By Norman Polmar
(Editor’s note: This is the fourteenth in a series of blogs by Norman Polmar, author, analyst, and consultant specializing in the naval, aviation, and intelligence fields. Follow the full series here.)
About the time that he was named Secretary of the Navy in February 1981, John F. Lehman met with two of our mutual friends—James Woolsey, previously Under Secretary of the Navy, and Dov Zakheim, a defense policy expert.* Without my knowledge, Woolsey and Zakheim proposed me for a position in Lehman’s secretariat. I had known Lehman, albeit not well, for about a decade as we attended conferences and both were members of a dinner group sponsored by the Georgetown Center for Strategic and International Studies.
A short time after Lehman was named secretary, my wife, Beverly, and I were invited to a reception that Lehman hosted for his opposite number in Britain, Keith Speed, the First Lord of the Admiralty. During the reception, at the Washington Navy Yard on 20 March, one of Lehman’s aides, Commander John Pieno, commented that Lehman had invited us because he wanted everyone to see that I was one of his “team.”
“What team?” was my response.
Three days later, on 23 March, I met with Lehman in his Pentagon office and he asked me to accept the position of principal deputy assistant secretary of the Navy for research and development. Specifically, he said that he wanted me to determine what would be the impact of each new Navy program on the Soviet Navy.
For several reasons I was unable to accept his generous offer. The previous year I had retired from industry (Santa Fe Corp.) and was now an independent consultant and was doing a lot of writing. If I were in the government I could not publish my forthcoming biography of Admiral H.G. Rickover, who was still on active duty. Also, I was having too much fun and making more money than I would have in the government.
Lehman did not accept my refusal well: Dispute No. 1. When Zakheim learned of this situation, he mentioned to Lehman that I was a strong supporter of his. Subsequently, Lehman telephoned me and asked if I would serve on his Naval Research Advisory Committee (NRAC). I accepted and, in two periods, I would serve almost 11 years on NRAC. It was a mind-opening and invaluable experience for me.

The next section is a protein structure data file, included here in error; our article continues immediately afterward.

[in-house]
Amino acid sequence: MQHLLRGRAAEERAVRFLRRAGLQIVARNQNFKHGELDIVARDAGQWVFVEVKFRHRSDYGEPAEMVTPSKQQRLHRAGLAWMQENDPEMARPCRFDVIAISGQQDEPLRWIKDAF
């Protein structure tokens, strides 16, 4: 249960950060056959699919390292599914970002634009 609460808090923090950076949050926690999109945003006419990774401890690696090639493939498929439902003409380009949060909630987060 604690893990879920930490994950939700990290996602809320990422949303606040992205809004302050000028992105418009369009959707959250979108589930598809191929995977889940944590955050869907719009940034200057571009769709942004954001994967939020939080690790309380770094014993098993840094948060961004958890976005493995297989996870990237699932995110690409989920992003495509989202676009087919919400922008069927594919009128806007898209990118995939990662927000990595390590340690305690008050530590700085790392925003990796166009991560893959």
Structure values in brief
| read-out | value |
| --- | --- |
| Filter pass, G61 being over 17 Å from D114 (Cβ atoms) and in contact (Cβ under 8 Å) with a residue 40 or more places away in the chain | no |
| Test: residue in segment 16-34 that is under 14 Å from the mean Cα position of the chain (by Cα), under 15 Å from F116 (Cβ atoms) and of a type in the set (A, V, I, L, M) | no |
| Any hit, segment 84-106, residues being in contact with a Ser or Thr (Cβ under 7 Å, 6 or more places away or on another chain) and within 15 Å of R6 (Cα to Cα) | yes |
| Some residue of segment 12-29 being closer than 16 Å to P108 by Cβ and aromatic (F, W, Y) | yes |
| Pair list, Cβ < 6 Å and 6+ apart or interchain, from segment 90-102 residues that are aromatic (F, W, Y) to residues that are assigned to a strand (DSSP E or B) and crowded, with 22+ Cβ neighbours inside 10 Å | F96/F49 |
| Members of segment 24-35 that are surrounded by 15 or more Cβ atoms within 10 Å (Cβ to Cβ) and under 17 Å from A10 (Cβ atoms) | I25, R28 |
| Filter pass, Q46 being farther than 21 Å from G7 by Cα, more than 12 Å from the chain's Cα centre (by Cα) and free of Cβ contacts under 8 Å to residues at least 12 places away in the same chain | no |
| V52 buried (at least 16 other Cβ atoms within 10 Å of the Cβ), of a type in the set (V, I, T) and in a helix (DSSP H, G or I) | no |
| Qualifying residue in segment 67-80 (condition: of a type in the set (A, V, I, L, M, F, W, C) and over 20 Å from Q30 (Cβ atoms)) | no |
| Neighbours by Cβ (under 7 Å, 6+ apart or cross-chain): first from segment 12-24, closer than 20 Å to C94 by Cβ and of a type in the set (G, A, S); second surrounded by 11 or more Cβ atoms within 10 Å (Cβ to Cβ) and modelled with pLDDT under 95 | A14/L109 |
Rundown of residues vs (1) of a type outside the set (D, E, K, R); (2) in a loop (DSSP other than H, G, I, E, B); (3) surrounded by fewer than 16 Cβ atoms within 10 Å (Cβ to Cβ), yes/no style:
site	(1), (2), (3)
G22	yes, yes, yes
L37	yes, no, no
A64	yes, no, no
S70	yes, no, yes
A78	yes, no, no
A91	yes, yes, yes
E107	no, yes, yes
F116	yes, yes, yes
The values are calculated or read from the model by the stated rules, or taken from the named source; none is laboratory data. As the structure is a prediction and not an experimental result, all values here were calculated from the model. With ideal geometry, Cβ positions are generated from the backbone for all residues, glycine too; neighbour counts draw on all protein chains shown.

Dispute No. 2 with Lehman came when he was proposing the reactivation of the four mothballed Iowa-class battleships. Ironically, the very first article that I had published in the Naval Institute Proceedings many, many years earlier had argued for bringing back the battleships! But in the 1980s I believed that the funds for battleships could be better spent on other Navy programs—and said so in television interviews.
When Lehman stepped down as secretary in April 1987 the Navy’s budget was cut precipitously. Expensive to man and to operate, and although useful in several roles, the four dreadnoughts were soon returned to mothballs—one in 1990, two in 1991, and, finally, the Missouri (BB 63) in March 1992.
Lehman soon got over his “mad” with me.
Dispute No. 3 occurred after Under Secretary of Defense Fred Ikle asked me (as a consultant) to undertake an analysis of the Navy’s planned “super submarine” Seawolf, then known only as the SSN-21. Provided with an office in the Pentagon and a Navy commander to assist me, I conducted the analysis using reports and papers provide to me by Ikle’s office. My report was secret and, when completed in January 1985, was handed to Ikle and his then-deputy, Dov Zakheim.